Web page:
How One Surgeon Manages an Infected TKA

    No single, off-the-shelf solution can be used to treat a patient whose total knee arthroplasty (TKA) has become infected – too many variables and complications are involved:

    • The patient’s health status
    • The infecting organism
    • The quality of the soft tissue
    • Bone loss
    • Ligamentous integrity

    Arlen D. Hanssen, MD, from Mayo Clinic in Rochester, Minnesota, takes these key considerations into account when planning surgery for a patient who presents with a suspected TKA infection.

    Although his approach is tailored to each patient’s needs, Dr. Hanssen’s philosophy is to always plan for a two-stage procedure. This allows him to more successfully eradicate the infection without “burning a lot of bridges with soft tissue and bone,” which he says would occur in a one-stage procedure.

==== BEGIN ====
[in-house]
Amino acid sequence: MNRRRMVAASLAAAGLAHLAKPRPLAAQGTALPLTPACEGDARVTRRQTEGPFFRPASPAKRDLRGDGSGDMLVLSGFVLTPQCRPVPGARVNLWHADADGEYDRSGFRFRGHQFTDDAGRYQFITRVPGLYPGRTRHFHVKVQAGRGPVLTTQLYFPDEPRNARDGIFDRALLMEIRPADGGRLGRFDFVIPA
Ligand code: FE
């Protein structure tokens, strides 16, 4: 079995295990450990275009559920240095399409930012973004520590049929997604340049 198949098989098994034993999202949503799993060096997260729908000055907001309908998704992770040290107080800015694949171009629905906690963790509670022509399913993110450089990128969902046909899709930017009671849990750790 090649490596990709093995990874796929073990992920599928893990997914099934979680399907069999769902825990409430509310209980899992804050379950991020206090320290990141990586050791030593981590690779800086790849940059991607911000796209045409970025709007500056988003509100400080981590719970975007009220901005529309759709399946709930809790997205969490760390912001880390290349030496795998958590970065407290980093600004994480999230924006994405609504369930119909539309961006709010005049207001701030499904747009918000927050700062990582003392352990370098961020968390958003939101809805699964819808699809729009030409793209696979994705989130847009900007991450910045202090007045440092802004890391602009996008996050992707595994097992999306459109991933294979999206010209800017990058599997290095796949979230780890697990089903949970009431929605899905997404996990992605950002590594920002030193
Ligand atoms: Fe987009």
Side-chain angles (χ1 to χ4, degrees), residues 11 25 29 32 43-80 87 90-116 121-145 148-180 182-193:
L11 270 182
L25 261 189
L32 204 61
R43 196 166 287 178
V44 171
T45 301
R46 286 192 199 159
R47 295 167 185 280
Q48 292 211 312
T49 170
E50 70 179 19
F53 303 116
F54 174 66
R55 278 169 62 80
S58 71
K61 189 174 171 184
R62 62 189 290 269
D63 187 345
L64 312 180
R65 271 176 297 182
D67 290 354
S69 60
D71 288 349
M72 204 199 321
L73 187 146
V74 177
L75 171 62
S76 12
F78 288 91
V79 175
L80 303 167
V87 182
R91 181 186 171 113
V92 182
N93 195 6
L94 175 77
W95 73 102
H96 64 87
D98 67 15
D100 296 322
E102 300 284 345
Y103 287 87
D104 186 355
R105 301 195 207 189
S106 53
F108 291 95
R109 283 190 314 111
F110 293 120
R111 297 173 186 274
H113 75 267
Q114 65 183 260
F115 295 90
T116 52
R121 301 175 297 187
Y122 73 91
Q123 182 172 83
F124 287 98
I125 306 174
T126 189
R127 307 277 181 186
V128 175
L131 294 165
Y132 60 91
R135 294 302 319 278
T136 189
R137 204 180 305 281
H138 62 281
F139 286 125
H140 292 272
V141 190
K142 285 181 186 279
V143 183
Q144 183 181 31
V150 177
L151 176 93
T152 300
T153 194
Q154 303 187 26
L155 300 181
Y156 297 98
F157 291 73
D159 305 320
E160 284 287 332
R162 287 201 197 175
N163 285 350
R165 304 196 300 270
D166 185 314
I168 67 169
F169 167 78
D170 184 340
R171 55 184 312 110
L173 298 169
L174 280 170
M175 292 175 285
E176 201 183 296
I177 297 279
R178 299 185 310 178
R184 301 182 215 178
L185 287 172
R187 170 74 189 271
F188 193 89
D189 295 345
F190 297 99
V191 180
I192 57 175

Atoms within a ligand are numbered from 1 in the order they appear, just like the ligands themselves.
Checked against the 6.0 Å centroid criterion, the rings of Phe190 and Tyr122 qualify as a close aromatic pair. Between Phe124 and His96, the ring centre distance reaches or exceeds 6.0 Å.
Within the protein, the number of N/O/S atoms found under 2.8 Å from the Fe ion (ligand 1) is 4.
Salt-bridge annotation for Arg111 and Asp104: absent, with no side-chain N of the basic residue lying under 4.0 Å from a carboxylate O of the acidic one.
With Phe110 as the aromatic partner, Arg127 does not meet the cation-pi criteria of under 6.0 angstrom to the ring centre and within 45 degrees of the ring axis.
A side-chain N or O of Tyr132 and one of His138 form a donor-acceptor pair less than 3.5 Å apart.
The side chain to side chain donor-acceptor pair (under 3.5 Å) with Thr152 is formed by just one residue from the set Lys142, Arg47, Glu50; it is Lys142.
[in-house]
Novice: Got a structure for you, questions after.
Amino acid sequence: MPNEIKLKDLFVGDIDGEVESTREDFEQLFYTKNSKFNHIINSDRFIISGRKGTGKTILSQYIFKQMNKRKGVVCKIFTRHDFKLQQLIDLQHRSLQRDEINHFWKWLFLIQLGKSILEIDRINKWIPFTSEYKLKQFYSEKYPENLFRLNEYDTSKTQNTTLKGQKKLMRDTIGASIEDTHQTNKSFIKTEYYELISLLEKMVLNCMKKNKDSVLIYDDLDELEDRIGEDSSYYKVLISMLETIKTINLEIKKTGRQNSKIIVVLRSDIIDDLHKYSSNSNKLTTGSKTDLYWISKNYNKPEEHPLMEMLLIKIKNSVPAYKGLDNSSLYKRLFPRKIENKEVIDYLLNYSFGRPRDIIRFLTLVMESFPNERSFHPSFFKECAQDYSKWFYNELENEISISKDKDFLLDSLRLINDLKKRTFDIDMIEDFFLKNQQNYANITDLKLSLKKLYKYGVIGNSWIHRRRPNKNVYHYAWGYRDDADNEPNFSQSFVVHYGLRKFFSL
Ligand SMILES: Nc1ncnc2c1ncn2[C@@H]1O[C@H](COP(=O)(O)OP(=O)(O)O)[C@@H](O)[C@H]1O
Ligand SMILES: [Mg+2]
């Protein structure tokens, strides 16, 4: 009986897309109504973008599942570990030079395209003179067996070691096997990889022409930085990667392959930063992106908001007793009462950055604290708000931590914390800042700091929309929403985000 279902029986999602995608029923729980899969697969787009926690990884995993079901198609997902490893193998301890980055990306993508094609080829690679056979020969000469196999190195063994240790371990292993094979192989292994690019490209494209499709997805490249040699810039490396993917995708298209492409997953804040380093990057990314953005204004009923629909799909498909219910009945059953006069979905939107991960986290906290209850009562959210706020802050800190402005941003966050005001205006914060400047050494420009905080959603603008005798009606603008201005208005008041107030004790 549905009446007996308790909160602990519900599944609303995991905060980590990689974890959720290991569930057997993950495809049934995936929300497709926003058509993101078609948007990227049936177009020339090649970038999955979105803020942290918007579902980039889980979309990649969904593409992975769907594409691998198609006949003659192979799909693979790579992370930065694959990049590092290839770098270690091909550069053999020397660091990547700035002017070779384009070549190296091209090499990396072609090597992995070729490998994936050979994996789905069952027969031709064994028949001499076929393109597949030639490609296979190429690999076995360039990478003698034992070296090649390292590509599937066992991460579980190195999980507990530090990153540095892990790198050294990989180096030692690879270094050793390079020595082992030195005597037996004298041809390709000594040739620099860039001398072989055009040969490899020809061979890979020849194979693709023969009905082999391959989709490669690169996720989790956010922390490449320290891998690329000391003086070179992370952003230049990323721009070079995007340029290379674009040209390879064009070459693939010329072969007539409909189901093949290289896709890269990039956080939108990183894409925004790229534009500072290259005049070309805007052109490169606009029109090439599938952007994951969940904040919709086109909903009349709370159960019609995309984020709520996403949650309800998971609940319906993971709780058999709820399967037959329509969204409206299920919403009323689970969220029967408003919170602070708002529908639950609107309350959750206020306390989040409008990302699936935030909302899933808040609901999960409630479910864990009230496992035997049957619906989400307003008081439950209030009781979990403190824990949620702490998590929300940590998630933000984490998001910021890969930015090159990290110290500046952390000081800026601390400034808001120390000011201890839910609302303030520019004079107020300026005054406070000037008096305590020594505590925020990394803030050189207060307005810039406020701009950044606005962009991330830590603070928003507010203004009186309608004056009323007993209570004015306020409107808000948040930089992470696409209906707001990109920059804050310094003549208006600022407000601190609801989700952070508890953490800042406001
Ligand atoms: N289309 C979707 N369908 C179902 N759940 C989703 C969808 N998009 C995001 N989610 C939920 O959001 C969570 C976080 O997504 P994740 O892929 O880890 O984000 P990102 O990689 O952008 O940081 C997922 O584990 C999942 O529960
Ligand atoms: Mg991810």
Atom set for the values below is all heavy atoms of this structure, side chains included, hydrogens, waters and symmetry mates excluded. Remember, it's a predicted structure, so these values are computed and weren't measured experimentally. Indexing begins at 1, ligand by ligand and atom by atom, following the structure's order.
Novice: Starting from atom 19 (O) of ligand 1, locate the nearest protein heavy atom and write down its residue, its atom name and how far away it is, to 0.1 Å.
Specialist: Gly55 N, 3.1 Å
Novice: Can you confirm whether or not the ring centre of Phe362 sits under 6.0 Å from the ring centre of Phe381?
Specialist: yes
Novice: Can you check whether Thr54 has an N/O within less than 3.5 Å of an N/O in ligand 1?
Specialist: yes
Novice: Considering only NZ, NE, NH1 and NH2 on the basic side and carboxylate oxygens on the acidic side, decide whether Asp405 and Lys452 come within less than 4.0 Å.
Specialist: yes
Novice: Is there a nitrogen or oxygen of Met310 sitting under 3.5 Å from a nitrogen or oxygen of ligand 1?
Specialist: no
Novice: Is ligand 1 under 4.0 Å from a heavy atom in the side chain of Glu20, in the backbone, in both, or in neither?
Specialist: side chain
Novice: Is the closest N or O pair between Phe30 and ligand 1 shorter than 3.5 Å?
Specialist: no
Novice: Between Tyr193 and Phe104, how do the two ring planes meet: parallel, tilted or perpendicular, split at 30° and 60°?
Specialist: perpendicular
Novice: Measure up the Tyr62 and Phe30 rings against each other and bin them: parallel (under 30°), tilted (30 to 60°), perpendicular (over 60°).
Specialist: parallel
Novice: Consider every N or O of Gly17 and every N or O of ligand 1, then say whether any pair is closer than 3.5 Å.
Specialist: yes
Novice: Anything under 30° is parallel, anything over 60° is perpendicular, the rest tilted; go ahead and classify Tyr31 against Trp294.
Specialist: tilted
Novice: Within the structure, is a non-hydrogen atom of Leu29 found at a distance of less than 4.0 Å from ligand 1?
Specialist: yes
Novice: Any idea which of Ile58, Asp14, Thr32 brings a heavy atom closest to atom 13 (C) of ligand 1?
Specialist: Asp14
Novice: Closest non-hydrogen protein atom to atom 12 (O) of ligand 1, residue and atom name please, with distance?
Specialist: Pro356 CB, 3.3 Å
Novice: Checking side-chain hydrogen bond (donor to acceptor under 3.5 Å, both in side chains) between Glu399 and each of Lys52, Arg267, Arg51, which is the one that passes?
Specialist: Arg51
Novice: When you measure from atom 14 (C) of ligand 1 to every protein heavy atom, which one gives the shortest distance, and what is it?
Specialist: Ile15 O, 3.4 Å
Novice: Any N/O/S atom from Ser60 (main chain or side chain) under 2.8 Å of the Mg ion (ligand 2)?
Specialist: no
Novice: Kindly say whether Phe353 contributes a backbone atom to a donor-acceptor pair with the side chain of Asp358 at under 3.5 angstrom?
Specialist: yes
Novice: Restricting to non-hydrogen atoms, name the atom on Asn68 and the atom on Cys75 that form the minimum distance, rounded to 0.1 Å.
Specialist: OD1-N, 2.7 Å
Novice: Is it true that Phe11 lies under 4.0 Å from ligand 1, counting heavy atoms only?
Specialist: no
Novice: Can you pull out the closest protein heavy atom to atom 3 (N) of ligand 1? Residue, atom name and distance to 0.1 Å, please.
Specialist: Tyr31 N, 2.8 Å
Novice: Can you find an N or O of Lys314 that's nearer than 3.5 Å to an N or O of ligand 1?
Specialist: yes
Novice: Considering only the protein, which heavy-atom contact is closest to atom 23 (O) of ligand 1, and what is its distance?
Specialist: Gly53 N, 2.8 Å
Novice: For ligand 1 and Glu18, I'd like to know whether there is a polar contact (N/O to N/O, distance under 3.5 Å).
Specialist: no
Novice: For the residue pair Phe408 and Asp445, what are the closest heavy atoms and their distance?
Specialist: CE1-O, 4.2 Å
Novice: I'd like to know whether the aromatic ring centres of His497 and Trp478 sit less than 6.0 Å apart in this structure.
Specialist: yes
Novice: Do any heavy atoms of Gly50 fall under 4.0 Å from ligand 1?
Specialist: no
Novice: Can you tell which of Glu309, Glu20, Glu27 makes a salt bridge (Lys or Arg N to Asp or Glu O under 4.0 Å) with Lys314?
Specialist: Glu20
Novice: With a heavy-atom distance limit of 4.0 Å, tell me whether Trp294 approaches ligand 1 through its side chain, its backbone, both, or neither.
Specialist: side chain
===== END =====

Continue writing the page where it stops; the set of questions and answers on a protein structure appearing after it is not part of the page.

Click the image above to watch Dr. Hanssen’s presentation from ICJR’s Winter Hip & Knee Course, during which he shares his formula for antibiotic-loaded bone cement, his technique for creating medullary dowels with the cement and then using them with mobile or block spacers, and his general timeline for reimplantation.